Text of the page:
Iconic status of reformed Grand National under threat. GETTY IMAGES

Recent reforms have brought changes to the world's most famous steeplechase, the Grand National, but it remains an emblematic race, albeit at a critical juncture.

Established in 1839 and featuring 30 challenging fences, the Grand National has always been an exciting race with memorable moments including Devon Loch's unexpected fall in 1956 and Red Rum's thrilling victory over Crisp in 1973. There have also been downsides, with five horse deaths in the last four editions.

The 2024 Grand National at Aintree will see the field reduced for the first time from 40 to 34 horses, compared to the 66 that lined up in 1929. Adjustments include a shorter distance to the first fence and a reduction in the size of the 11th fence, which is an open ditch.

"We may not be the last chance saloon, but we're getting close. Obviously the optics haven't been great in recent years but we can't apologise for what is one of racing's greatest assets," William Woodhams, CEO of the world's oldest bookmakers Fitzdares, told AFP.

The changes were made following a review of last year's race, which was delayed by animal rights protests and saw Hill Sixteen euthanised after a fall. The protesters have said they won't disrupt this weekend's event.

Despite the adjustments, including the latest after a series of changes over the years, Henry de Bromhead still sees the event as hugely significant. "It's still an iconic race. Obviously it is massive to lose a horse, nobody likes to go home with an empty box," said the 51-year-old Irishman, who has three runners this year including 2021 Cheltenham Gold Cup winner Minella Indo.

"However, the authorities have definitely put a lot of work into the review and decided to make it safer which they felt they needed to do," De Bromhead told AFP.

For Woodhams, a trip to a stable would provide a valuable insight for anyone who thinks that horses are treated as disposable commodities. "They're like members of the family and you can see how much it means to those connected with the horse when, sadly, they don't make it back from the racecourse," he insisted to AFP.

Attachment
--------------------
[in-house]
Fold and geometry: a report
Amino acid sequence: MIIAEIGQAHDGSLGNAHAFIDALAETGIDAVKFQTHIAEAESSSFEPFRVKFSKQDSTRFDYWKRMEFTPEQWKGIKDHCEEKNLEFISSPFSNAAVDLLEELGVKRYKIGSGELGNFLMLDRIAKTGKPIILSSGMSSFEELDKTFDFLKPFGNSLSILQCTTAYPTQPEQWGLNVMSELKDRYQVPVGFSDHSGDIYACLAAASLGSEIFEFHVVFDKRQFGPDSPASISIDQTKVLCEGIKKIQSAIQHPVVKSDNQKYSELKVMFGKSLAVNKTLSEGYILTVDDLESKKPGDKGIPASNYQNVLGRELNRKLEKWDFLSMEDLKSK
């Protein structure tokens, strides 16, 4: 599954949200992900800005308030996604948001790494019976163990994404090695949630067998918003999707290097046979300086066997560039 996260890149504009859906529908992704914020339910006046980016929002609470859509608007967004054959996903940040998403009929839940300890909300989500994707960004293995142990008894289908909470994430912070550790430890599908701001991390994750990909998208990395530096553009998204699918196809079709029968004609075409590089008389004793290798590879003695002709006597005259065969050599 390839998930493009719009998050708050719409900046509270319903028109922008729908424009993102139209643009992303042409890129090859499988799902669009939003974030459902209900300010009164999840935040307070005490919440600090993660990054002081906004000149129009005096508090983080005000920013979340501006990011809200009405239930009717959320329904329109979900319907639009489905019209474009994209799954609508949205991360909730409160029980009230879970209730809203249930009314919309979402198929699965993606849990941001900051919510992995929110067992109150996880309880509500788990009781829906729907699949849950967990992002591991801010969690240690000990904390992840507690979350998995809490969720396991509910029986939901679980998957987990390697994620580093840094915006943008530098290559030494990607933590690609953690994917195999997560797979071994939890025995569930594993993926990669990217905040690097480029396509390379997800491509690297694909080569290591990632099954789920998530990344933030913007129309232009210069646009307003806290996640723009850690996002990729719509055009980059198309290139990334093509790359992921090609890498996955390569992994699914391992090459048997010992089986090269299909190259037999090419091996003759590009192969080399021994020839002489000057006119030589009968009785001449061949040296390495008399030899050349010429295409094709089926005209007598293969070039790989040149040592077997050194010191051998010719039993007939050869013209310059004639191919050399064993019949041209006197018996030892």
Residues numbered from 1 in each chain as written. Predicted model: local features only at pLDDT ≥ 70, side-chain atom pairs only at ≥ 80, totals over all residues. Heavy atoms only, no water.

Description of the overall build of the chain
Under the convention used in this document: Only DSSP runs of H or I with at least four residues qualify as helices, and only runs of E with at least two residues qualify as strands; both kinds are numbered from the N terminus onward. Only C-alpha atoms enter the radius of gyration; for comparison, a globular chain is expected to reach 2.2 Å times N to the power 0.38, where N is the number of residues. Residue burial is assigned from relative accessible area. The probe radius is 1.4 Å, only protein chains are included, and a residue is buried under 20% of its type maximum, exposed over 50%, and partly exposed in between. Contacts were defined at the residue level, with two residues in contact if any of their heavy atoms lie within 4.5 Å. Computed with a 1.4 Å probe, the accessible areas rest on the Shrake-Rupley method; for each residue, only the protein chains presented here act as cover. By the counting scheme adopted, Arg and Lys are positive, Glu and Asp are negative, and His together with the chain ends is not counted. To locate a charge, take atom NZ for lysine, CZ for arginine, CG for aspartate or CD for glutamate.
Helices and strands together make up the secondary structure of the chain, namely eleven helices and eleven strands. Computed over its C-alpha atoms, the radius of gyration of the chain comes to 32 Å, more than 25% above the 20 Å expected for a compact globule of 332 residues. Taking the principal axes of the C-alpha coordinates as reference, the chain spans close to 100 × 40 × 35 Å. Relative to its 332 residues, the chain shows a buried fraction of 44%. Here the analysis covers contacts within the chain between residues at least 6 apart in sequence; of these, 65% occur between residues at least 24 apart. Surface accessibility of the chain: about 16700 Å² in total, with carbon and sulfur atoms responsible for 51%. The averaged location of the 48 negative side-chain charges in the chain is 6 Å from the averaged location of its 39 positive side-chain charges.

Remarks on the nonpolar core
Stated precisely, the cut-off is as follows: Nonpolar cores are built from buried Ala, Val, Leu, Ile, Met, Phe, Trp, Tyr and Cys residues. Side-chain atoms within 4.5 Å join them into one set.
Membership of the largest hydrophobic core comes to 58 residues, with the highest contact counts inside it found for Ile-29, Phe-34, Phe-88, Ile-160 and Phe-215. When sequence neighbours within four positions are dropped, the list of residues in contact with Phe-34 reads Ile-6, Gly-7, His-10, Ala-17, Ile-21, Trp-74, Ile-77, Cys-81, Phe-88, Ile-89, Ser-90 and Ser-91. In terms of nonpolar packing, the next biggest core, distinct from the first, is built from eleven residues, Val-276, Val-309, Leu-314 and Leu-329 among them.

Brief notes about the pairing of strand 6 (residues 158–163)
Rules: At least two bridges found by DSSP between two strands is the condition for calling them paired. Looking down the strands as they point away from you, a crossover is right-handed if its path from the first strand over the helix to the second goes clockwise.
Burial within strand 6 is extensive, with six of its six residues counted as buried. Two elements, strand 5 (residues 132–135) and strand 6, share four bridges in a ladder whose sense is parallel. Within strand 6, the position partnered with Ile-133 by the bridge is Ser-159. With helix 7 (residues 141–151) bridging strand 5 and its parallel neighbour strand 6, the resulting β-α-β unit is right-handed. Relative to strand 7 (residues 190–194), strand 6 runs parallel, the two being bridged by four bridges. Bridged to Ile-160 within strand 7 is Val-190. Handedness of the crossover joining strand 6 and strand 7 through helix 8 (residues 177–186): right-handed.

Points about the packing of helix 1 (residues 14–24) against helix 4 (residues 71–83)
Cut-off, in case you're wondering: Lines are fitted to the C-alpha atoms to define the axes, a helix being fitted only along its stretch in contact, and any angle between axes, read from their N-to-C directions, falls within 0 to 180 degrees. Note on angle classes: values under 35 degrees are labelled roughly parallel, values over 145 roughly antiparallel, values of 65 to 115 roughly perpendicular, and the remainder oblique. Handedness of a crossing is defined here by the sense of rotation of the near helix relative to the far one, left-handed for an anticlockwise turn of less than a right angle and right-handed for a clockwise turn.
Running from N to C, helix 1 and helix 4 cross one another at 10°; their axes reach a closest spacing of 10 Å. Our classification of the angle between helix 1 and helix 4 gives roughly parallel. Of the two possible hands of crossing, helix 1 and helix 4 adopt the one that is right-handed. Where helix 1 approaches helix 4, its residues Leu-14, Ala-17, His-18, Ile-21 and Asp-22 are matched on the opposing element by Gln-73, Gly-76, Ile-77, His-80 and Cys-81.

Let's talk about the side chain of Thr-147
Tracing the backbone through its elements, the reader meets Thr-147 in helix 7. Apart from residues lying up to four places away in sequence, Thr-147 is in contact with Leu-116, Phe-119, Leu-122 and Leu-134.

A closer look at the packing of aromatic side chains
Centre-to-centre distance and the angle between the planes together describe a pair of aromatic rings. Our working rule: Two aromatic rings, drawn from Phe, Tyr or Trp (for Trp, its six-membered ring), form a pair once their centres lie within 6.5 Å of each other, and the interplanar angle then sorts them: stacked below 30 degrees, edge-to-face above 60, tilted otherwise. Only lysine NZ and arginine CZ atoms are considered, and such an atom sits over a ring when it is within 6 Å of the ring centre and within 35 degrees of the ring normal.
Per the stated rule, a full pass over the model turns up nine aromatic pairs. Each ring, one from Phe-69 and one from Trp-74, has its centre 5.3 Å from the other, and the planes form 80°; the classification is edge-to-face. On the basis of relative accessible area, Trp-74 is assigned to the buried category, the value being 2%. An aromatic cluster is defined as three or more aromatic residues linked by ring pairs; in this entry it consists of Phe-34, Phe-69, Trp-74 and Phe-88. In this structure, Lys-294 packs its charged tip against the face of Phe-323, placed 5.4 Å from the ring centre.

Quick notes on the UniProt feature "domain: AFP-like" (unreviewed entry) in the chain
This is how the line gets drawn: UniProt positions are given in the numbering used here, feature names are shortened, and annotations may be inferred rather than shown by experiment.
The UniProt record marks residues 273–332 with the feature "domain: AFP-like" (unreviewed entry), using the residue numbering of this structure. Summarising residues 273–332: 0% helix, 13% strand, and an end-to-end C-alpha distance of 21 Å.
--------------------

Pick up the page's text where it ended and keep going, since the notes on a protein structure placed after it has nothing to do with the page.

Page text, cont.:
Woodhams argues against any further dilution of the Grand National, warning that it risks diminishing its raison d'être or distinctiveness. "To reduce the field size or the distance any further would be an absolute disaster, for me. There's nothing like the Grand National anywhere. We should embrace its uniqueness and the one-off challenge it presents," Woodhams stressed.

Concerns have also been raised that the smaller field could give an advantage to prominent Irish trainers Willie Mullins and Gordon Elliott.

"Willie and Gordon will probably make up about half of the runners on the day. That can't be good. Having said that, I don't know how you stop it, there are just more horses capable of winning the race from those yards at the moment," Woodhams told AFP. 

Woodhams emphasises that the passion of Liverpool residents for the Grand National and the spotlight it shines on the city should not be overlooked. "Don't underestimate its value to Liverpool. They are very proud to host the greatest race in the world. It's one of the few places where you can find the big guns of racing letting their hair down," he concluded, as quoted by AFP.